Yesterday, the US Food and Drug Administration (FDA) made available its final guidance on Dear Health Care Provider Letters: Improving Communication of Important Safety Information (DHCP Letter Guidance).1 The guidance provides specific instructions to industry on the content and format of Dear Health Care Provider (DHCP) letters to better ensure effective communication of information to health care professionals.
Under FDA regulations, drug manufacturers and distributors are required to communicate important drug information—including warnings, other prescribing information, and corrections—to health care professionals.2 The regulation is limited to mailing, and more specifically, to the distinctive appearance of envelopes used to mail such information. Because FDA’s regulation does not provide instructions on the format and content of the actual DHCP letter, nor does it address DHCP communications made electronically or by other means, the new guidance is intended to fill these gaps and help improve the effectiveness of DHCP letters in communicating important drug information. The guidance finalizes FDA’s draft guidance on the same topic issued more than three years ago.3
Important Guidance Information
The DHCP Letter Guidance provides specific recommendations on when companies should issue a DHCP letter, the type of information that should be included in the letter, and the format and content of the letter to ensure that information is accessible and communicated effectively to health care professionals.
In accordance with the guidance and to ensure the effectiveness of DHCP letters, FDA recommends that a manufacturer work with FDA to determine the following:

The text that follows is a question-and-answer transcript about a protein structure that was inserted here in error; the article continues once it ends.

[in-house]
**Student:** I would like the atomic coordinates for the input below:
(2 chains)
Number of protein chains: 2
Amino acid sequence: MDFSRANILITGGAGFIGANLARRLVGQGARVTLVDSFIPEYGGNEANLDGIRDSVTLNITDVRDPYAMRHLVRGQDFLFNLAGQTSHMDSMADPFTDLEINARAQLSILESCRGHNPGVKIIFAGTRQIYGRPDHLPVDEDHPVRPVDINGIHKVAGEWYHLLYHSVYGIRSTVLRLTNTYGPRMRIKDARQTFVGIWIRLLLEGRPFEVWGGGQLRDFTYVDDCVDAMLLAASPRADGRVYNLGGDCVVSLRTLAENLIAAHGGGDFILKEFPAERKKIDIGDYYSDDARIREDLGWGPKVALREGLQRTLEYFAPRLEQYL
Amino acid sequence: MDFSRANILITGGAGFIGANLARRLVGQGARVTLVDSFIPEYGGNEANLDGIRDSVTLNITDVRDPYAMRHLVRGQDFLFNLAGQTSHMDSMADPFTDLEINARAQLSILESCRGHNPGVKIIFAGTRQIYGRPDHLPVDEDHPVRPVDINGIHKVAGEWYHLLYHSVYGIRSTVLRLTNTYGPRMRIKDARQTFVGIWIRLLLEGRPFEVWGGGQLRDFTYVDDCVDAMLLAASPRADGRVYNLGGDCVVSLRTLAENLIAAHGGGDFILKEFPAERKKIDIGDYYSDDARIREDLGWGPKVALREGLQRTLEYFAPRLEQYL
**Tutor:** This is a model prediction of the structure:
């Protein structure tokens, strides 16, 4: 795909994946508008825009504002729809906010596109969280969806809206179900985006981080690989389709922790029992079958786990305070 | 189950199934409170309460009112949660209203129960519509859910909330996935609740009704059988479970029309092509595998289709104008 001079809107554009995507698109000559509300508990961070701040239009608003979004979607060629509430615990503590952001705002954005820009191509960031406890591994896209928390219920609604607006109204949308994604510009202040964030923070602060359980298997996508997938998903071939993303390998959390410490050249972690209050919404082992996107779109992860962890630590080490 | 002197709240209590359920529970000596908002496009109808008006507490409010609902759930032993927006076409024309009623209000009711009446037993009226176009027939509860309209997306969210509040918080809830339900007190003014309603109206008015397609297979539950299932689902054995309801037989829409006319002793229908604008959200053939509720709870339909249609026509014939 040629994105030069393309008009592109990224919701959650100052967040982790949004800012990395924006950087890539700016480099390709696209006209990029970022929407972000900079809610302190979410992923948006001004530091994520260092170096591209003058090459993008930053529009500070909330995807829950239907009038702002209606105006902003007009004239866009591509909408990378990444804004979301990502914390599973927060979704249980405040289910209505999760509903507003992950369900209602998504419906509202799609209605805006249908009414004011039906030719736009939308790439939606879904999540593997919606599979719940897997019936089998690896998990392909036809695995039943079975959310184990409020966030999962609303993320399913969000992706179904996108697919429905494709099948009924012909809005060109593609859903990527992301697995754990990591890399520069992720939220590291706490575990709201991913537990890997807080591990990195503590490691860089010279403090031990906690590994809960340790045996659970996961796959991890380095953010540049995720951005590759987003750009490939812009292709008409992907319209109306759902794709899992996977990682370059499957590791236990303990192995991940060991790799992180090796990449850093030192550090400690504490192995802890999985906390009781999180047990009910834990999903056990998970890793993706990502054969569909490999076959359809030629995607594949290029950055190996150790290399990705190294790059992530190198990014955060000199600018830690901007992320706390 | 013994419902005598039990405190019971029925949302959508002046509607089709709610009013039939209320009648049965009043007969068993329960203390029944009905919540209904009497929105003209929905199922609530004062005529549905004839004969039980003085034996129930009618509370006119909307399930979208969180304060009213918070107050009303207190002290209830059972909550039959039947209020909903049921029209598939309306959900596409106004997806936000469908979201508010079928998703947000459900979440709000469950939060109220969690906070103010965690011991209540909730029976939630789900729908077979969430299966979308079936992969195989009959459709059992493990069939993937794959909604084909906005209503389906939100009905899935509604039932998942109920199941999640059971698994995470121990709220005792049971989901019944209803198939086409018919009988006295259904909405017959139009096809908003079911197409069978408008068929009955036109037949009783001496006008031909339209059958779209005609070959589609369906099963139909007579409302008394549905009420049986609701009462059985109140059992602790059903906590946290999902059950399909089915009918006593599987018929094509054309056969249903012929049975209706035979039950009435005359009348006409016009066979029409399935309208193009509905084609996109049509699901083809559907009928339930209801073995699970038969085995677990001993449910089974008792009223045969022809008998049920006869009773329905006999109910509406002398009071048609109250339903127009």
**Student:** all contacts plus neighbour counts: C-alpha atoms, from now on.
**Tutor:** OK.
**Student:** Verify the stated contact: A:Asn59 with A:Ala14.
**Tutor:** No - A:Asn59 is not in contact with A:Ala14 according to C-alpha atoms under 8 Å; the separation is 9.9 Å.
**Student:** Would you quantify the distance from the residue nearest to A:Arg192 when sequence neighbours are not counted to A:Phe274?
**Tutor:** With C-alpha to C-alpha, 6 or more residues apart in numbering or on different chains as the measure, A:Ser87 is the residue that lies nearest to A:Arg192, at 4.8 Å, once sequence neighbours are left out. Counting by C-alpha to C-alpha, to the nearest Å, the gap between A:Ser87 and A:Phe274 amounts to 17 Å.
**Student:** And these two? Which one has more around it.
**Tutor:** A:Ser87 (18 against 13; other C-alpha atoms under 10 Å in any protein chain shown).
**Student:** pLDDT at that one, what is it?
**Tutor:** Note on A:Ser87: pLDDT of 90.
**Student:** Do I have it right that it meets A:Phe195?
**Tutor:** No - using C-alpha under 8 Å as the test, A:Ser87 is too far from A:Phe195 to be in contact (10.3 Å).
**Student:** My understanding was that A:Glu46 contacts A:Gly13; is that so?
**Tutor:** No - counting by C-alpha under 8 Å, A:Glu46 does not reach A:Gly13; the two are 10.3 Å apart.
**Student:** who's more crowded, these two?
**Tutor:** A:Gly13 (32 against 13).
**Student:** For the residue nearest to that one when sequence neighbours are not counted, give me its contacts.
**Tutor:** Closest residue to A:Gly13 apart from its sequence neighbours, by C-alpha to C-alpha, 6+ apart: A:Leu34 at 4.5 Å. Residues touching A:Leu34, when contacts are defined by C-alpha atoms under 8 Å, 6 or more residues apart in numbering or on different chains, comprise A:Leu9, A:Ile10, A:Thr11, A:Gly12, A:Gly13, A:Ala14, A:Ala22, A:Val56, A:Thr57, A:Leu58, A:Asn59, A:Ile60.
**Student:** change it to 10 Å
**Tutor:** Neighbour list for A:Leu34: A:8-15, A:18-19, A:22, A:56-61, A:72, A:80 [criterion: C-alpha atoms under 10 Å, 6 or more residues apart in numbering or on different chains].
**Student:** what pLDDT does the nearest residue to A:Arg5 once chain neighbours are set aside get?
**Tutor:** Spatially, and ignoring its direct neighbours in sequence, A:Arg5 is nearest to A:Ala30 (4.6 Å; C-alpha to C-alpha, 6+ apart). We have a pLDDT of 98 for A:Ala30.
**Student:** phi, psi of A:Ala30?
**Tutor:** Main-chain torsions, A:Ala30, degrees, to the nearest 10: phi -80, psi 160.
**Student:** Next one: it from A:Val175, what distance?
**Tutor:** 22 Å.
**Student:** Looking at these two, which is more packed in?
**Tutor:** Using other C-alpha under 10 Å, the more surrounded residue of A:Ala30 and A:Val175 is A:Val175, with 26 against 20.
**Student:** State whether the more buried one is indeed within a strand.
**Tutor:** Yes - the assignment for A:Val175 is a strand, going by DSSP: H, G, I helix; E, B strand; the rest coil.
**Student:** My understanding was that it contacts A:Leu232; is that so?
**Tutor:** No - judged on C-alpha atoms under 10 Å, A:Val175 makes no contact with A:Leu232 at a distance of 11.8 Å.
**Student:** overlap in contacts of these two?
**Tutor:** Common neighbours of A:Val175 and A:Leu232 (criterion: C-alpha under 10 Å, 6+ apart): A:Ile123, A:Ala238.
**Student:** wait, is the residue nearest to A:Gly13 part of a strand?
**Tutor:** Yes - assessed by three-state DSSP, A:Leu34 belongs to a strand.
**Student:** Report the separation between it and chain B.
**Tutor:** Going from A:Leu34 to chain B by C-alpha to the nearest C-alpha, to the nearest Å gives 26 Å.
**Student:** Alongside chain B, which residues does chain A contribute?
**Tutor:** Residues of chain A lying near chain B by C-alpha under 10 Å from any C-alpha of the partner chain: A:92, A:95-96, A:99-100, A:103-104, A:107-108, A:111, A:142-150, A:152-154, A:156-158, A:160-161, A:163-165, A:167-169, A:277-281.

- Whether a DHCP letter should be issued to communicate new information. This includes important new safety information, important prescribing information (other than safety), corrections of false or misleading information in promotional materials, as well as information related to Risk Evaluation and Mitigation Strategies (REMS), how to improve the effectiveness of a drug, and drug shortages.
- How to present the new information in the DHCP letter. The guidance provides detailed recommendations for the content of DHCP letters, as well as instructions for formatting to ensure accessibility and readability. Appendices to the guidance provide three model letters as examples.
- The target audience for the DHCP letter. The guidance recommends that manufacturers identify the intended target audience for the DHCP letter to ensure it is “directed more selectively” to appropriate health care providers.4 The examples provided suggest that DHCP letters should be distributed primarily to relevant health care professionals; however, a separate section of the guidance states that a DHCP letter should be directed not only to relevant health care professionals, but also to “others who need to know the information.” The latter category extends beyond health care professionals who are “likely to prescribe, dispense, or administer the drug” to encompass “the full range of health care professionals who could prescribe the drug” and “health care providers who may need to know the information even if they do not prescribe the drug.”5 Because the scope of the intended audience appears to have no limits, manufacturers should consult the appropriate review division to discuss the range of distribution and appropriate recipients.
- The time frame for distributing the DHCP letter. FDA recommends that the intended audience receives the information promptly, in consideration of the importance of the issue being communicated.
Finally, according to the DHCP Letter Guidance, manufacturers should assess the impact of the DHCP letter, including an evaluation of “the extent to which the target audience received the DHCP letter and is aware of the information communicated in the letter.”6 Significantly, the guidance does not appear to require that the assessment be reported to FDA, but rather is limited to the manufacturer’s internal use.